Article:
A sequence of macro warnings coming out of the Goldman Sachs camp puts Bitcoin (BTC) at a risk of crashing to $12,000.
Bitcoin in “bottom phase?”
A team of Goldman Sachs economists led by Jan Hatzius raised their prediction for the speed of Federal Reserve benchmark rate hikes. They noted that the U.S. central bank would increase rates by 0.75% in September and 0.5% in November, up from their previous forecast of 0.5% and 0.25%, respectively.
Fed’s rate-hike path has played a key role in determining Bitcoin’s price trends in 2022. The period of higher lending rates — from near zero to the 2.25-2.5% range now — has prompted investors to rotate out of riskier assets and seek shelter in safer alternatives like cash.
Bitcoin has dropped by almost 60% year-to-date and is now wobbling around its psychological support of $20,000. Some analysts, including a pseudonymous trader Doctor Profit, believe BTC’s price has entered the bottom phase at current levels. However, the trader warned:
“Please consider FEDs next decisions. 0.75% [rate hike] already priced in, 1% and we see blood.”
On the other hand, Bitcoin’s consistently positive correlation with the U.S. stock market, particularly the tech-heavy Nasdaq Composite, poses deeper correction risks.
Sharon Bell, a strategist at Goldman Sachs, suggests the recent rallies in the stock market could be bull traps, echoing her firm’s warning that equities could crash by 26% if the Fed gets more aggressive with its rate increases to fight inflation.
Interestingly, the warnings coincide with a recent rise in Bitcoin short positions held by institutional investors, according to CME data highlighted in the Commodity Futures Trading Commission’s (CFTC) weekly report.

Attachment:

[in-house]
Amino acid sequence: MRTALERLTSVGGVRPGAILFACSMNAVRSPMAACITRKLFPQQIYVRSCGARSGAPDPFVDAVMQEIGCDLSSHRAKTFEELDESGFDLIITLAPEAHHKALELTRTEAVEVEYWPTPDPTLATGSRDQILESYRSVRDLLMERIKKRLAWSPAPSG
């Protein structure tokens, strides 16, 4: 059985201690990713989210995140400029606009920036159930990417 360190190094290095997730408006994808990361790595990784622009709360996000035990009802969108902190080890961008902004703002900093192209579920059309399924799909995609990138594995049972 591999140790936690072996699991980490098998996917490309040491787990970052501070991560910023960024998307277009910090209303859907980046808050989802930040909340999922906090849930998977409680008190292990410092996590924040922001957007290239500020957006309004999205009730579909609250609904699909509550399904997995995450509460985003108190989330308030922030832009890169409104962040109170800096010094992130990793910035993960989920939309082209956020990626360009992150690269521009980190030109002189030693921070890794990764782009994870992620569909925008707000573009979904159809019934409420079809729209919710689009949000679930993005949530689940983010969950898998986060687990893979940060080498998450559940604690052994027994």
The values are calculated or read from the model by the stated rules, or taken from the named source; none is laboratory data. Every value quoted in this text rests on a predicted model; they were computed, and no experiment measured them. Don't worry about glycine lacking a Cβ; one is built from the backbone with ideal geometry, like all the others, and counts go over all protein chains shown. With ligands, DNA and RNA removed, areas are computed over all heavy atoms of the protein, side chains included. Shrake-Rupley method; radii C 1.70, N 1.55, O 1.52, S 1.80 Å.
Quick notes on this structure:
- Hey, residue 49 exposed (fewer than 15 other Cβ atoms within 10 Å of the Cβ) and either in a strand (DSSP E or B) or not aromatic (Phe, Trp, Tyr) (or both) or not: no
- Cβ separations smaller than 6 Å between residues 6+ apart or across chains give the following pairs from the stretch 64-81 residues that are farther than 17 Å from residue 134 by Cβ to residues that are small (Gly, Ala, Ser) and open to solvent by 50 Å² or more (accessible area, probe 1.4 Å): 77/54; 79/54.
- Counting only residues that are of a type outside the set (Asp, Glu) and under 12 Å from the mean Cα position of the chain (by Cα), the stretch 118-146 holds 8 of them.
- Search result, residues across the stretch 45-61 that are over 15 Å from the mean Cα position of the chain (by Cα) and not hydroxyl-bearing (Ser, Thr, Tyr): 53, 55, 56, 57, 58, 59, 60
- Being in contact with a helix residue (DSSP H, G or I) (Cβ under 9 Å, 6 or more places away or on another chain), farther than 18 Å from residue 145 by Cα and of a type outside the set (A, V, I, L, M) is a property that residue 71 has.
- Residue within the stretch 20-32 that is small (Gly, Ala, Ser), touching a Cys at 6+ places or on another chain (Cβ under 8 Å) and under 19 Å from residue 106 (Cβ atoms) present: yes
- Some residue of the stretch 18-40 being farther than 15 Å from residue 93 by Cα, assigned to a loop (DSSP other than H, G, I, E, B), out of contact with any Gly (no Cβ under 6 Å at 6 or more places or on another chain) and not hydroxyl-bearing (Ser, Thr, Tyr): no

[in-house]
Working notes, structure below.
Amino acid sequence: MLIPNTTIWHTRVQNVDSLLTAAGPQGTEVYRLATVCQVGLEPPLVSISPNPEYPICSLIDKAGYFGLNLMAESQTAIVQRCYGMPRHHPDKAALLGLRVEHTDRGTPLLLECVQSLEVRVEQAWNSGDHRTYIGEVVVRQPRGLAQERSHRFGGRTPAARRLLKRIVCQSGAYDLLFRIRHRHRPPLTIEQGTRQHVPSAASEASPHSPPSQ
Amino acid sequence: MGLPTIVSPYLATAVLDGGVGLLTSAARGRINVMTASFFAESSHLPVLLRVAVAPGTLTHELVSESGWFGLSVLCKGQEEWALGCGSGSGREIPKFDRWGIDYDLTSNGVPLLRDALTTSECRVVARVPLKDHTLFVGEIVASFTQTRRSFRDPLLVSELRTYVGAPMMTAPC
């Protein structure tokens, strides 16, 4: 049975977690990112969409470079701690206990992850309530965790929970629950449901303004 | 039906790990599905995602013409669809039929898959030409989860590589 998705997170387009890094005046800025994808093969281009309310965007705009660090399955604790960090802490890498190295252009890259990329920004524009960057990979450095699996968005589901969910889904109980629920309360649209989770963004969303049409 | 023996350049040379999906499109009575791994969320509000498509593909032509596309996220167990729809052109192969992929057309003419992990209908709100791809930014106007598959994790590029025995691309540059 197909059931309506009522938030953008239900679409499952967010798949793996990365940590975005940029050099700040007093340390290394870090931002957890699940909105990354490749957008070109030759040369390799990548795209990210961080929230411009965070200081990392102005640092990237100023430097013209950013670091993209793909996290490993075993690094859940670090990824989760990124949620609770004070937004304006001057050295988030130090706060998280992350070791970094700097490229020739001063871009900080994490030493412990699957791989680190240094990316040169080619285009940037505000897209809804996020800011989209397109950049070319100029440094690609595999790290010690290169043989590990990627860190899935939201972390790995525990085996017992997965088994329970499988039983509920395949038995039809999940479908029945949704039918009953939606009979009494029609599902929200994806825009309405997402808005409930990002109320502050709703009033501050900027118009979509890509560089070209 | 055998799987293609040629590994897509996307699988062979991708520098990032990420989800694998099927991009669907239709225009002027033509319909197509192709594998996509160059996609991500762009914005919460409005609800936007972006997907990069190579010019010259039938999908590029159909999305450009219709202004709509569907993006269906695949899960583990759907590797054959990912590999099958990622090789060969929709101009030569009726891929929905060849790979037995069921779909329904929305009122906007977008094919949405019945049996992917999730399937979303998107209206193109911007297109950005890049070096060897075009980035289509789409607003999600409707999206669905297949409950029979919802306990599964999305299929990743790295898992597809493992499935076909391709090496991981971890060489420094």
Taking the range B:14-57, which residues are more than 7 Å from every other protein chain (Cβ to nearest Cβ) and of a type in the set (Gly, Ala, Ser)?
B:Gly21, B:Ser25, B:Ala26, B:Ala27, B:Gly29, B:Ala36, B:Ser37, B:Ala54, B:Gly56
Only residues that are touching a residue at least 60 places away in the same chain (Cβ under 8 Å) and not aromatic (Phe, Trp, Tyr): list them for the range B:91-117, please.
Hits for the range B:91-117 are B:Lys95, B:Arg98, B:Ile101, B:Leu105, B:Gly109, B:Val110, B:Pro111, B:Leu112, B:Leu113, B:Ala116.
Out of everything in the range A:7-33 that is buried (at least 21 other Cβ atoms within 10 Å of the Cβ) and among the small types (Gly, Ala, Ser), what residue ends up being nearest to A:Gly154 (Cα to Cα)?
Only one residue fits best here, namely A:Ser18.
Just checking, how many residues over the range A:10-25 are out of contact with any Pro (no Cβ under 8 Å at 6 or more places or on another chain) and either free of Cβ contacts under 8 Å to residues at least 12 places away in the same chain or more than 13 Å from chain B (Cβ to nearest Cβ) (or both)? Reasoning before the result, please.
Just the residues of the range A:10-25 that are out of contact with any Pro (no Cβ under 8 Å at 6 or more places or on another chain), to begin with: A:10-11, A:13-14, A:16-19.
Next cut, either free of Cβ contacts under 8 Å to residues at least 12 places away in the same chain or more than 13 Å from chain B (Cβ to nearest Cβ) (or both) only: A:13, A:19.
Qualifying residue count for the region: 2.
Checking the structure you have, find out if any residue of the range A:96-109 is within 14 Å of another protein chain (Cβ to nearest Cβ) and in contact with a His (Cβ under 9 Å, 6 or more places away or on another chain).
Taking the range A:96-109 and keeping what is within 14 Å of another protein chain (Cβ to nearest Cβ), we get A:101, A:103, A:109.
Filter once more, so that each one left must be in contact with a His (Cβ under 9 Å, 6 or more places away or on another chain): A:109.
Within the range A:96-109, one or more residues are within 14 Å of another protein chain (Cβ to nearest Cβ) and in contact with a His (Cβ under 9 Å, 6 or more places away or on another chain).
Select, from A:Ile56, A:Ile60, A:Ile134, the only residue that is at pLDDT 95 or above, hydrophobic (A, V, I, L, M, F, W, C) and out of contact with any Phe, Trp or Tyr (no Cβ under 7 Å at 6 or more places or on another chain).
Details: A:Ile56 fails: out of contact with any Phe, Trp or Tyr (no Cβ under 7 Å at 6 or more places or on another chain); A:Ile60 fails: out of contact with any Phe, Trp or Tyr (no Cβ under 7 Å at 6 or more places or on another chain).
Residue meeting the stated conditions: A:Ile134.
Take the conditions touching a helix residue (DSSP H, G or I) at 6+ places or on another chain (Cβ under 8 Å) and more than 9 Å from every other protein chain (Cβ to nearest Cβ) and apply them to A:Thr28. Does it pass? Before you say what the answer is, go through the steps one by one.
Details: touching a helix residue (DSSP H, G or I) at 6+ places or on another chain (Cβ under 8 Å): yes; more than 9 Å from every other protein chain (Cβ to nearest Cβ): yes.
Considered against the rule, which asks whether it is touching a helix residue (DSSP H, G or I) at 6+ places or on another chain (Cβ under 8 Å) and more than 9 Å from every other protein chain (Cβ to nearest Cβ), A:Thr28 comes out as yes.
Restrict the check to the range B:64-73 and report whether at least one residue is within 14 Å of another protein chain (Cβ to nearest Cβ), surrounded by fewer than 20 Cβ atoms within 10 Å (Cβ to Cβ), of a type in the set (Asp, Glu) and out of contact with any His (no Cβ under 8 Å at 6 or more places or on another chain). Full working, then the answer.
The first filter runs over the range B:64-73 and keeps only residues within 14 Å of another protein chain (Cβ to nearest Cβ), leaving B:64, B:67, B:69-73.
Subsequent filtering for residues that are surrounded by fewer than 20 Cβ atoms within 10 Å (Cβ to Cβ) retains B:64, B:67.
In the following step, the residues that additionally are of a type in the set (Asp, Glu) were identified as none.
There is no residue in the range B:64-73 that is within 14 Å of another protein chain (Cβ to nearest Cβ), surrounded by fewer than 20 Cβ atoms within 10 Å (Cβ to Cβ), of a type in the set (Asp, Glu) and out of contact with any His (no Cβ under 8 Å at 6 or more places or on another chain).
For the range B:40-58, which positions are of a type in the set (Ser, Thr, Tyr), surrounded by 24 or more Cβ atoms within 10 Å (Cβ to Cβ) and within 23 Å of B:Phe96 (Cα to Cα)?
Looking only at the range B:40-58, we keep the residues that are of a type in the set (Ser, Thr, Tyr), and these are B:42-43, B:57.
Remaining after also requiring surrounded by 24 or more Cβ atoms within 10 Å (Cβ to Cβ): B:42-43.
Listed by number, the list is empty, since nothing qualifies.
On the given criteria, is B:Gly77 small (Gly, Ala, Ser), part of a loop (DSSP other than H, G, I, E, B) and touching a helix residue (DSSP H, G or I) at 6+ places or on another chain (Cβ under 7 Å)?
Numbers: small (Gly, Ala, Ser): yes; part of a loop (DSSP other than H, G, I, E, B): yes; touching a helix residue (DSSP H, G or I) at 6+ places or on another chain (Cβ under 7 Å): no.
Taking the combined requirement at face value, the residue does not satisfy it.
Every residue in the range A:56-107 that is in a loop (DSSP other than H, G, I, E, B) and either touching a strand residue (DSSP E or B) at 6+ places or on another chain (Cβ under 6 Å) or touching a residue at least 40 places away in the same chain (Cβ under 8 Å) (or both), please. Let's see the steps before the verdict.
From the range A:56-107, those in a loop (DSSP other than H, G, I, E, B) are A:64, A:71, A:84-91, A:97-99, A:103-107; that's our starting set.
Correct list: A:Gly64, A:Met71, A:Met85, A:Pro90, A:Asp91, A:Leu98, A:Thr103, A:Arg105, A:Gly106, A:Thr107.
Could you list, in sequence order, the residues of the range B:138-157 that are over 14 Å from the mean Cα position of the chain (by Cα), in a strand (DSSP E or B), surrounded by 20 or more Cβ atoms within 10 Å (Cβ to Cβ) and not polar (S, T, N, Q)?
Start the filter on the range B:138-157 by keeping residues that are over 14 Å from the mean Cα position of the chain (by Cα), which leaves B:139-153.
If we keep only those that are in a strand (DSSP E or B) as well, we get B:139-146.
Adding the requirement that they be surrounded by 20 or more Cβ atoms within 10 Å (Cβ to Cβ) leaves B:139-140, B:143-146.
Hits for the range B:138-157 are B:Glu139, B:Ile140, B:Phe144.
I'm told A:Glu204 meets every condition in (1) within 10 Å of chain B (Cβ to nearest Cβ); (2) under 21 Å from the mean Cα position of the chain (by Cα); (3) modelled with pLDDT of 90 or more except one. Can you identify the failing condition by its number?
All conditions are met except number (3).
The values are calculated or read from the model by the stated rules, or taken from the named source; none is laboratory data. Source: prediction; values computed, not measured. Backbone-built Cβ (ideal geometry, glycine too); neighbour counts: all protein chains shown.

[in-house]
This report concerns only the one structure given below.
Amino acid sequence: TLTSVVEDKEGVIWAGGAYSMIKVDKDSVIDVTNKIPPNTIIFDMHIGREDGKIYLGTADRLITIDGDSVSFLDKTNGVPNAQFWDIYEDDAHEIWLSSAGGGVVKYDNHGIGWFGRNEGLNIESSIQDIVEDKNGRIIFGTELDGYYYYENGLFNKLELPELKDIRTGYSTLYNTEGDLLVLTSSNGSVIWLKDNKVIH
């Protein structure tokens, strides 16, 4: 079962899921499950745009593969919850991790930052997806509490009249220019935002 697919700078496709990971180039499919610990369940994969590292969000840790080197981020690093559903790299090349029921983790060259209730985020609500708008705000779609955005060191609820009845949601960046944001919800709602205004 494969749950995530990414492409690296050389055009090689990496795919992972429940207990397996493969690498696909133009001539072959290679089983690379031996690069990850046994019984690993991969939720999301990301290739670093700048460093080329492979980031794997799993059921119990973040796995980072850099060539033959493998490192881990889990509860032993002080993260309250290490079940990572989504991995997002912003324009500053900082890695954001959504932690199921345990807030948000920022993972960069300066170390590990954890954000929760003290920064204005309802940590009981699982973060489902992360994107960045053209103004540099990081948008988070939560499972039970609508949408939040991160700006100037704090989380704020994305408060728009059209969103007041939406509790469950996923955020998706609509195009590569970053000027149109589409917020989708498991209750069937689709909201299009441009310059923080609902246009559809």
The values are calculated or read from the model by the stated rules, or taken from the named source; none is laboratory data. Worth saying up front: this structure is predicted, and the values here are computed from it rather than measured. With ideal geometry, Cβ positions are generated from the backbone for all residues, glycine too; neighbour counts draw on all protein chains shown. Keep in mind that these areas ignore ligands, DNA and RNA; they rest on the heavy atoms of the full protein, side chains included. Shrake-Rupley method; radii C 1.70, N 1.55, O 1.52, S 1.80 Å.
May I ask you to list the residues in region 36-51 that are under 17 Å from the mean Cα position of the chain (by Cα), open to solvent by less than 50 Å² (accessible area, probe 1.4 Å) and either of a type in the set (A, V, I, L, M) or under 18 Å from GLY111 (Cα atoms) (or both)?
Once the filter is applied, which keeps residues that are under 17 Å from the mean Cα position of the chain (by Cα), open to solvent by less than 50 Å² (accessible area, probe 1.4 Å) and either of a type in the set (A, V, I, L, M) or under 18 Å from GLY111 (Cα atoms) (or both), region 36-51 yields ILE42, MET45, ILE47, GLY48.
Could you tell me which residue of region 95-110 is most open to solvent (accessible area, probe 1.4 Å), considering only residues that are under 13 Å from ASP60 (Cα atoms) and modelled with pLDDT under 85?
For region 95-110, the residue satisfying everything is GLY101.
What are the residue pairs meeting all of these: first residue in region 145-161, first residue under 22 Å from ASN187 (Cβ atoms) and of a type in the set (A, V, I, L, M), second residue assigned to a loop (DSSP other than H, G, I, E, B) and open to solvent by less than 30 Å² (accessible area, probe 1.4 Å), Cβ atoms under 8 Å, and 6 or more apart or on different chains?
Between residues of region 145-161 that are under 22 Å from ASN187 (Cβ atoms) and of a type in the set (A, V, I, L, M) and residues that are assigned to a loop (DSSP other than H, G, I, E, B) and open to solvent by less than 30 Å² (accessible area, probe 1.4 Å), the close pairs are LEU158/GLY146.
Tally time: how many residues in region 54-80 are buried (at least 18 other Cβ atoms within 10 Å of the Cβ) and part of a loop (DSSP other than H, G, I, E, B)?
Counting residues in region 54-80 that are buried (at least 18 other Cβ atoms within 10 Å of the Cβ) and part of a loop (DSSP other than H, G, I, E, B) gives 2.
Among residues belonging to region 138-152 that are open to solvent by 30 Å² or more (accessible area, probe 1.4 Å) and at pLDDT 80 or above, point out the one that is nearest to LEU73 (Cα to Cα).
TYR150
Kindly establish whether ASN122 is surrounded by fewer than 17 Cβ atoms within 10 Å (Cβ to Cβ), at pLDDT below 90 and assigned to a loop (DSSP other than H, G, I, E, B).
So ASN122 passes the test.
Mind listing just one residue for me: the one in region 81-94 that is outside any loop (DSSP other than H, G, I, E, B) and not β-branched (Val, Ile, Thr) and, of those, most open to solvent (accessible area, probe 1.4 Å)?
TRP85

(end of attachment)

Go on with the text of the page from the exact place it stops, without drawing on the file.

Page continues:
“Definitely a sign that some people are counting on a risk asset meltdown this fall,” noted Nick, an analyst at data resource Ecoinometrics.
Options consensus see BTC at $12K
Bitcoin options expiring at the end of 2022 show most traders betting on the BTC price dropping all the way down to the $10-000-12,000 area.
Overall, the call-put open interest ratio was 1.90 on Sep. 18, with call options for the $45,000 strike price carrying the maximum weight. But strike prices between $10,000 and $23,000 showed at least four puts for every three calls — which is perhaps a more realistic, interim evaluation of market sentiment.
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From a technical perspective, Bitcoin’s price could drop by roughly 30% to $13,500 as the price forms a convincing inverse up-and-handle pattern.
Conversely, a decisive rally above the 50-day exponential moving average (50-day EMA; the red wave) near $21,250 could invalidate this bearish setup, positioning BTC for a rally toward $25,000 as its next psychological upside target.
The views and opinions expressed here are solely those of the author and do not necessarily reflect the views of Cointelegraph.com. Every investment and trading move involves risk, you should conduct your own research when making a decision.